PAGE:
This interdisciplinary course draws on a range of theoretical approaches from political science, law, economics, sociology and history to make sense of the complex ethical, political and legal concerns surrounding population mobility.

We consider the causes and consequences of modern population movements and place these movements in a historical and empirical context. We consider some of the key economic, security and political determinants of migration and refugee movements and examine the moral and ethical issues for public policy, asking some basic questions such as why do people migrate, how far and for what reasons? We consider how host states, including the existing populations, respond to the challenges associated with these movements, specifically how new groups are integrated, and we reflect on how the growing movements of people across borders is transforming societies. Sometimes they could increase levels of internal intolerance, but also transforming societies into more multi-cultural and multi-ethnic networked societies.

 

Learning outcomes

The candidate shall be able to…

Knowledge

  • Gain an understanding of the academic study of migration and globalization studies as part of the discipline of international relations.
  • Understand some of the key historical trends associated with the movements of people in the past and present.
  • Develop an awareness of the key economic, security and political determinants of migration and refugee movements.

Skills

  • Gain a more historically informed understanding of how, why and where people migrate.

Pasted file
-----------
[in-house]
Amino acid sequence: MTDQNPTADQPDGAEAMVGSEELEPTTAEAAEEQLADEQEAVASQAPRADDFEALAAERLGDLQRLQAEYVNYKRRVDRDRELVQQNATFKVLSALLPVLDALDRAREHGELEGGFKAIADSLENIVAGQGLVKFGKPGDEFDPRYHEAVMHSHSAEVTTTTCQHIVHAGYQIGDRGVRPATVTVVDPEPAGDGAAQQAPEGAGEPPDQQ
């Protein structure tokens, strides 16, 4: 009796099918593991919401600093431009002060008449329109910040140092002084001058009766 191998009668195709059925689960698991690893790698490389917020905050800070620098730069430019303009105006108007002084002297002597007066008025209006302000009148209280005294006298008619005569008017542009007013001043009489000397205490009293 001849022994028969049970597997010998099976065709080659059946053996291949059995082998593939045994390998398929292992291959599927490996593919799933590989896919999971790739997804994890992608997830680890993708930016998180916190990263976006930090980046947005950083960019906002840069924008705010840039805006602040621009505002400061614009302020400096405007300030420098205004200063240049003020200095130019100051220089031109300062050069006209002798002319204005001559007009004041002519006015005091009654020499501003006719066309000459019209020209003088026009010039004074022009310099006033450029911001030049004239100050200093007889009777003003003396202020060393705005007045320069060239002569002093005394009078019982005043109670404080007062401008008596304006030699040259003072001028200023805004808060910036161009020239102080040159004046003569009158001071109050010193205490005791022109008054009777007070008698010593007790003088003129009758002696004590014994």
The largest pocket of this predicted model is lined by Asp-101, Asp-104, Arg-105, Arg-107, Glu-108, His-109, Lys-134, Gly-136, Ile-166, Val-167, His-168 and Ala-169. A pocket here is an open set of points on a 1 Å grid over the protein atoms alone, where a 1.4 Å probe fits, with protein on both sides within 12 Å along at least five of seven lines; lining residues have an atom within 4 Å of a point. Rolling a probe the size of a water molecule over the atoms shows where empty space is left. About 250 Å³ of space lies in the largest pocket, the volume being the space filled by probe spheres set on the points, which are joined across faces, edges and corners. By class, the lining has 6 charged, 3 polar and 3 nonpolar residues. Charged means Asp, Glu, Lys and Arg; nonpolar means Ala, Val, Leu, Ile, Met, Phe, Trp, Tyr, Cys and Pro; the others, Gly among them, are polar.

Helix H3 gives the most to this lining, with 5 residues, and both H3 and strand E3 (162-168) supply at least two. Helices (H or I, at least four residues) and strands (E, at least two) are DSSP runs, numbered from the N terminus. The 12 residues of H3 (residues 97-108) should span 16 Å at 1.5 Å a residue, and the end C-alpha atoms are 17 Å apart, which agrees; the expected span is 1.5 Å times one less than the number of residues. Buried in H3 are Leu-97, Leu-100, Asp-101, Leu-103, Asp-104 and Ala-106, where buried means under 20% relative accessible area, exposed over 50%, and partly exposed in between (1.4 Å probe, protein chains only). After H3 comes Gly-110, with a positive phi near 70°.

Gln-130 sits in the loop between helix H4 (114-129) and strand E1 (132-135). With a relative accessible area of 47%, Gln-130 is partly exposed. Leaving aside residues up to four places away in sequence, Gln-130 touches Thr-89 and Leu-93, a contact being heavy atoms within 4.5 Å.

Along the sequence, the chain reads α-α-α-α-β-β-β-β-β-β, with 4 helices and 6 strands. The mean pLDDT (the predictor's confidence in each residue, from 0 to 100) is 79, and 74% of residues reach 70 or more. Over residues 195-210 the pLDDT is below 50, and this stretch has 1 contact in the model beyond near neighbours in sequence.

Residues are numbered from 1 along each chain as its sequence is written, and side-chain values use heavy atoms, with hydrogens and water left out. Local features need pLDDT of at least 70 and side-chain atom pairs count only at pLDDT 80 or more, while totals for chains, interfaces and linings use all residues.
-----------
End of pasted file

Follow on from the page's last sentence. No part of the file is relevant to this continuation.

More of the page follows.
• Critically engage with the ethical and political challenges associated with migration and refugee movements including the public policy challenges associated with managing migration.
  • Have a clear understanding of the positive and negative responses of countries and populations responding to migratory flows.

 Competence

  • Understand the global nature of today´s migratory flows.
  • Develop an understanding of the economic and political consequences of today´s migratory flows.
  • Develop an understanding of some of the methodological challenges associated with the subject of migration and refugee studies.
  • Develop an awareness of the ethical controversies, and understand the political sensitivities associated with the pros and cons of migratory flows.

 

Assessment

Requirement

  • Online course (pass/fail)
  • Compulsory participation in discussions in the digital classroom.

Exam

  • Take home exam (individual essay); memo: 3000 words (+/- 10 % excluding front page and reference list) (60 % of the grade, grading system A – F)
  • 3 hour written exam (40 % of the grade, grading system A – F)